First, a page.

My EIL experience was the first of many milestones for me. It was my first time in Asia, first time voluntarily working abroad, and the first time to be apart from my friends and family for two whole months. Naturally, it was nerve wracking but exciting to live this part of my life that was entirely out of my comfort zone. From the moment we arrived in the VPV house, we were greeted by different nationalities from Vietnamese to French to Americans and more. I listened to international volunteers speaking about their culture, traditions and values in their home country.  From the beginning, it became clear to me that this experience would open my eyes and my mind to the world around me.

At VPV’s culture night,  the Irish girls and I spoke proudly about Ireland and everything it has to offer from green fields to pints of Guinness to famous landmarks, we ensured the people knew all things Irish. To give them a taste of Irish music, I played a few tunes on the tin whistle while the girls also taught them cúpla focal. Needless to say, we made our presence known.  Hence, we were all learning and teaching each other new things about our home countries and it made me feel very fortunate to be part of quite a unique learning and intercultural experience.

When we began to work, it was easy to build relationships with the other international volunteers as we were all united with the purpose to educate children. Our fundamental aim was to expand the students’ knowledge and strengthen their linguistic abilities. To our amazement, our students in Vietnam had developed a very high standard of English. Their sheer determination and hardworking abilities were evident in the way they spoke and wrote. At every lesson, we tested their vocabulary on a wide range of topics such as food, animals, and clothes, and together they would remember a long list of words for each topic.  It was incredible to see children have such strong linguistic abilities at such a young age.

This is surely testament to the fact that Vietnam recognizes education as a national priority. Twenty percent of the Vietnamese budget is used for education. Vietnam has high primary school completion rates, strong gender parity, low student/teacher ratios and a low out of school rate (Nguyen, 2019). The differences between Ireland and Vietnam were evident in the student’s linguistic abilities. In Vietnam, their first and native language is Vietnamese but typically primary school students are taught English and/ or French too. While in Ireland, reports show that pupils in Irish primary schools have strong capabilities in English and Maths but less so with our own language Irish (Ó Fátharta, 2018). However, there are minority groups across Ireland that would speak our native tongue daily. Although our approach to teaching Irish may not be the strongest, education in Ireland is world renowned due to maintaining high standards in a wide range of subjects.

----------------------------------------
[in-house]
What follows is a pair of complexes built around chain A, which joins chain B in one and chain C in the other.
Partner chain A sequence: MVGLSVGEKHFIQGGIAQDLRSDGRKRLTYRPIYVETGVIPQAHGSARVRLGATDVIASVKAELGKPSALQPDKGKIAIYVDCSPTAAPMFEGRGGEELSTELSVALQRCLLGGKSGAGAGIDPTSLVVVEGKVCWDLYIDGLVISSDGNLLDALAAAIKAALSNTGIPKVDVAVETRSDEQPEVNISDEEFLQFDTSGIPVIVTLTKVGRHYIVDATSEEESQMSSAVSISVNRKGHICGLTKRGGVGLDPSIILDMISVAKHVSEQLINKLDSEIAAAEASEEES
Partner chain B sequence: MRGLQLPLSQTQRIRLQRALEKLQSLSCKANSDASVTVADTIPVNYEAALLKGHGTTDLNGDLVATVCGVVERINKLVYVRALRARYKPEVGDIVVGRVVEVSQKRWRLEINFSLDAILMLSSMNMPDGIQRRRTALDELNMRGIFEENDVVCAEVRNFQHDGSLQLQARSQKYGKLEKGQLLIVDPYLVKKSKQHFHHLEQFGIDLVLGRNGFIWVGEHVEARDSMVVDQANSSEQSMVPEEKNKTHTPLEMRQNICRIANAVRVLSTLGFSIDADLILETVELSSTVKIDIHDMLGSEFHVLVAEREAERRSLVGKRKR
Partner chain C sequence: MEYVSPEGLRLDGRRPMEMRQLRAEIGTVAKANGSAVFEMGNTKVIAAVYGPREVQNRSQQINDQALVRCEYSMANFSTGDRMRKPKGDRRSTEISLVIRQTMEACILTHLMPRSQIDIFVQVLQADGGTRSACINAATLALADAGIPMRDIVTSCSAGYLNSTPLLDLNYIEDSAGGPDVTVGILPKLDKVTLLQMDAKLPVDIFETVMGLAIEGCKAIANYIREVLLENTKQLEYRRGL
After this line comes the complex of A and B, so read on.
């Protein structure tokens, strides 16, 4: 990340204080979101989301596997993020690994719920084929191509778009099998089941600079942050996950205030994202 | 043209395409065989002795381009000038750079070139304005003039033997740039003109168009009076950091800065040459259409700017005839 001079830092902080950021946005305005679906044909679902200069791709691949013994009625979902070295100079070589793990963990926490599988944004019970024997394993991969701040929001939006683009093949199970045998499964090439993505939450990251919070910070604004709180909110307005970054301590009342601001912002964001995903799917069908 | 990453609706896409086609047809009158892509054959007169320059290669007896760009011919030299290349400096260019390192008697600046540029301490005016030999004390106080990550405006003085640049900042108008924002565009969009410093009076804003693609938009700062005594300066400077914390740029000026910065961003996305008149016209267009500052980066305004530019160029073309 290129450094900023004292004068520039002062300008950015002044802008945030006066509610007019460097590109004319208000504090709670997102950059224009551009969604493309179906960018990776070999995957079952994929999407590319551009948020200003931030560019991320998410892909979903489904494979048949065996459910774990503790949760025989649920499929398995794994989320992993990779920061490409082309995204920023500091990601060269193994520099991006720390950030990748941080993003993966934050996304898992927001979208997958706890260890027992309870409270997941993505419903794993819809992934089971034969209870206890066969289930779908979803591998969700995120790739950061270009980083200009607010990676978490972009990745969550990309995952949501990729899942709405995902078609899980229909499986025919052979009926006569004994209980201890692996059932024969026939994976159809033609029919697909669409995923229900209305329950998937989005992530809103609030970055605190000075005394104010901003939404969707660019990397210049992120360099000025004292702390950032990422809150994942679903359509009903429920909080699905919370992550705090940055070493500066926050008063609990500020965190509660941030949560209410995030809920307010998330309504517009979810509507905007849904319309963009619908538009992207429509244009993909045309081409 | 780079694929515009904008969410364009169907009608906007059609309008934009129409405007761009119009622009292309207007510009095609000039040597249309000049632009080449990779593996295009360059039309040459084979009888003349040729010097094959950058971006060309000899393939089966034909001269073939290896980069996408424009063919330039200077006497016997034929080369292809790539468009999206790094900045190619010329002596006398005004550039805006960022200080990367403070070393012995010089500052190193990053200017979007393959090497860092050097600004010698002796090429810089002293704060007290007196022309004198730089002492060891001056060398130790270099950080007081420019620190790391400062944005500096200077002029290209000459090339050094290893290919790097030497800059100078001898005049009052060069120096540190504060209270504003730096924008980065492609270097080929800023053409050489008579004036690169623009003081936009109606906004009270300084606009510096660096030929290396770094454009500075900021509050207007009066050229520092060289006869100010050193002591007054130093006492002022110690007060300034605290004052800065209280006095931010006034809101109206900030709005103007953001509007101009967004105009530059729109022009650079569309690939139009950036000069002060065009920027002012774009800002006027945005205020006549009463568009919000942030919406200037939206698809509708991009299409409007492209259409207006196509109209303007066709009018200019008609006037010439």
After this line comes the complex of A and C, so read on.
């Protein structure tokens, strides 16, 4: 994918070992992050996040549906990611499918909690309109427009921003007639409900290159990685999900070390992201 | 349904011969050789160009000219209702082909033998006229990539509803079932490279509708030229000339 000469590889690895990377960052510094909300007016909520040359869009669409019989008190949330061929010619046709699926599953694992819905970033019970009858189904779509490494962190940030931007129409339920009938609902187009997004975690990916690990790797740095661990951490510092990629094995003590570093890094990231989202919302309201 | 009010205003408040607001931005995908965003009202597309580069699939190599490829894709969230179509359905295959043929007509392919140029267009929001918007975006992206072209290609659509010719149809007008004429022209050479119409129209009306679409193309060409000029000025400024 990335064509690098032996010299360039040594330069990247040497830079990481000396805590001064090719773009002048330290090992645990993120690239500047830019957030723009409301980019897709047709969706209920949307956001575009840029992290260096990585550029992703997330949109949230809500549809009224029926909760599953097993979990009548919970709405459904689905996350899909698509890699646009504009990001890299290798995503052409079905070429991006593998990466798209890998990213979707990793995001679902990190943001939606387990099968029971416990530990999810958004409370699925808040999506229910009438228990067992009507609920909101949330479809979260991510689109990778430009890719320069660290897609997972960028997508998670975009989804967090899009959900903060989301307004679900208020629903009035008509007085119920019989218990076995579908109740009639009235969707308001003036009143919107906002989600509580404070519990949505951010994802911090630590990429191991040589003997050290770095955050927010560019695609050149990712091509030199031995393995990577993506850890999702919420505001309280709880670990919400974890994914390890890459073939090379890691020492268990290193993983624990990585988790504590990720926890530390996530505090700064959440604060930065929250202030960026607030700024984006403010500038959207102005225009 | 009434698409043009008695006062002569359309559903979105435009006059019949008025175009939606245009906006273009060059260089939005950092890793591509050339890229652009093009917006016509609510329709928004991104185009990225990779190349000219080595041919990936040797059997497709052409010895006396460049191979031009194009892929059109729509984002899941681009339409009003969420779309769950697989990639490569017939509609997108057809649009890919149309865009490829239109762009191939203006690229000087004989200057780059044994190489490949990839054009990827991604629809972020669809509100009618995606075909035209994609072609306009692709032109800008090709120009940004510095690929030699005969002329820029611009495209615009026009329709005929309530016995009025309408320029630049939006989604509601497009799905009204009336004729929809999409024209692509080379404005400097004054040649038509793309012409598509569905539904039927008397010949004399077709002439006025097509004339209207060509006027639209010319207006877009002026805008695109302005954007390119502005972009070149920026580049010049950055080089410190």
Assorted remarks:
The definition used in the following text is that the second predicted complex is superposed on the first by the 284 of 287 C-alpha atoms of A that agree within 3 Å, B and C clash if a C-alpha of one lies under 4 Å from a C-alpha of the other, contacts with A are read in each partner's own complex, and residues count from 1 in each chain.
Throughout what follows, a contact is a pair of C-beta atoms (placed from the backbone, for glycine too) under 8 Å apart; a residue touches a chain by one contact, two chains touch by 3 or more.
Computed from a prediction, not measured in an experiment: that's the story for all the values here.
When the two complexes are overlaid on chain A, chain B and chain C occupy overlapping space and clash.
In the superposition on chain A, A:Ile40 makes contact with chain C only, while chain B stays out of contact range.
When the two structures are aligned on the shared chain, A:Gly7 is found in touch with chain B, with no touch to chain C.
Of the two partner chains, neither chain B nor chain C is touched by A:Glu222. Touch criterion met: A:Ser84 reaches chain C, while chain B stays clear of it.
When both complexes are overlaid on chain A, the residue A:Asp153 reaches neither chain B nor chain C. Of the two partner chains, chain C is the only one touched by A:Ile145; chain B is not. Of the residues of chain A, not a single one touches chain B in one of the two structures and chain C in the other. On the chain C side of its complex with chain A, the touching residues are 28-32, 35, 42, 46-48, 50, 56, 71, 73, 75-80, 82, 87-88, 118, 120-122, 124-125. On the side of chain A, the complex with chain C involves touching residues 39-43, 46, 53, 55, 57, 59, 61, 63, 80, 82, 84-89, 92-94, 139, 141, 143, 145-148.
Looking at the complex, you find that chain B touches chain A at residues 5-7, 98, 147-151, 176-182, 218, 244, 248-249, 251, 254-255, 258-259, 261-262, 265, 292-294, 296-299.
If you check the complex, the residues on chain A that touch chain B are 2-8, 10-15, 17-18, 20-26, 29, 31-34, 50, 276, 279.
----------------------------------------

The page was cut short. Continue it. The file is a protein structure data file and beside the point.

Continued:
It was evident that the international volunteers in the house were well educated as many of them spoke at least two languages. In this environment, it gave me the urge to start learning another language. I was not alone as some of the other Irish girls spoke about how they wanted to become stronger at Irish after hearing the others speak fluently in their native tongue. This highlights the importance of the environment around you as when you are surrounded by people who are knowledgeable, it encourages you to better yourself and to keep learning. This experience further proves that education does not need to stop when we leave an educational institution, we have an innate ability as humans to learn, develop and grow to better ourselves and the world around us as Nelson Mandela said “education is the most powerful weapon which you can use to change the world.” 

Mairead Redmond, 2019, Vietnam, Access Winner


Nguyen, C. (2019). Enhancing the Quality of Foreign Language Learning Through Extracurricular Programs for Vietnamese Students. Education and Linguistics Research, 5(2), p.1.

Ó Fátharta, C. (2018). Concern over quality of Irish teaching in schools. [online] Available at: [Accessed 6 Feb. 2018].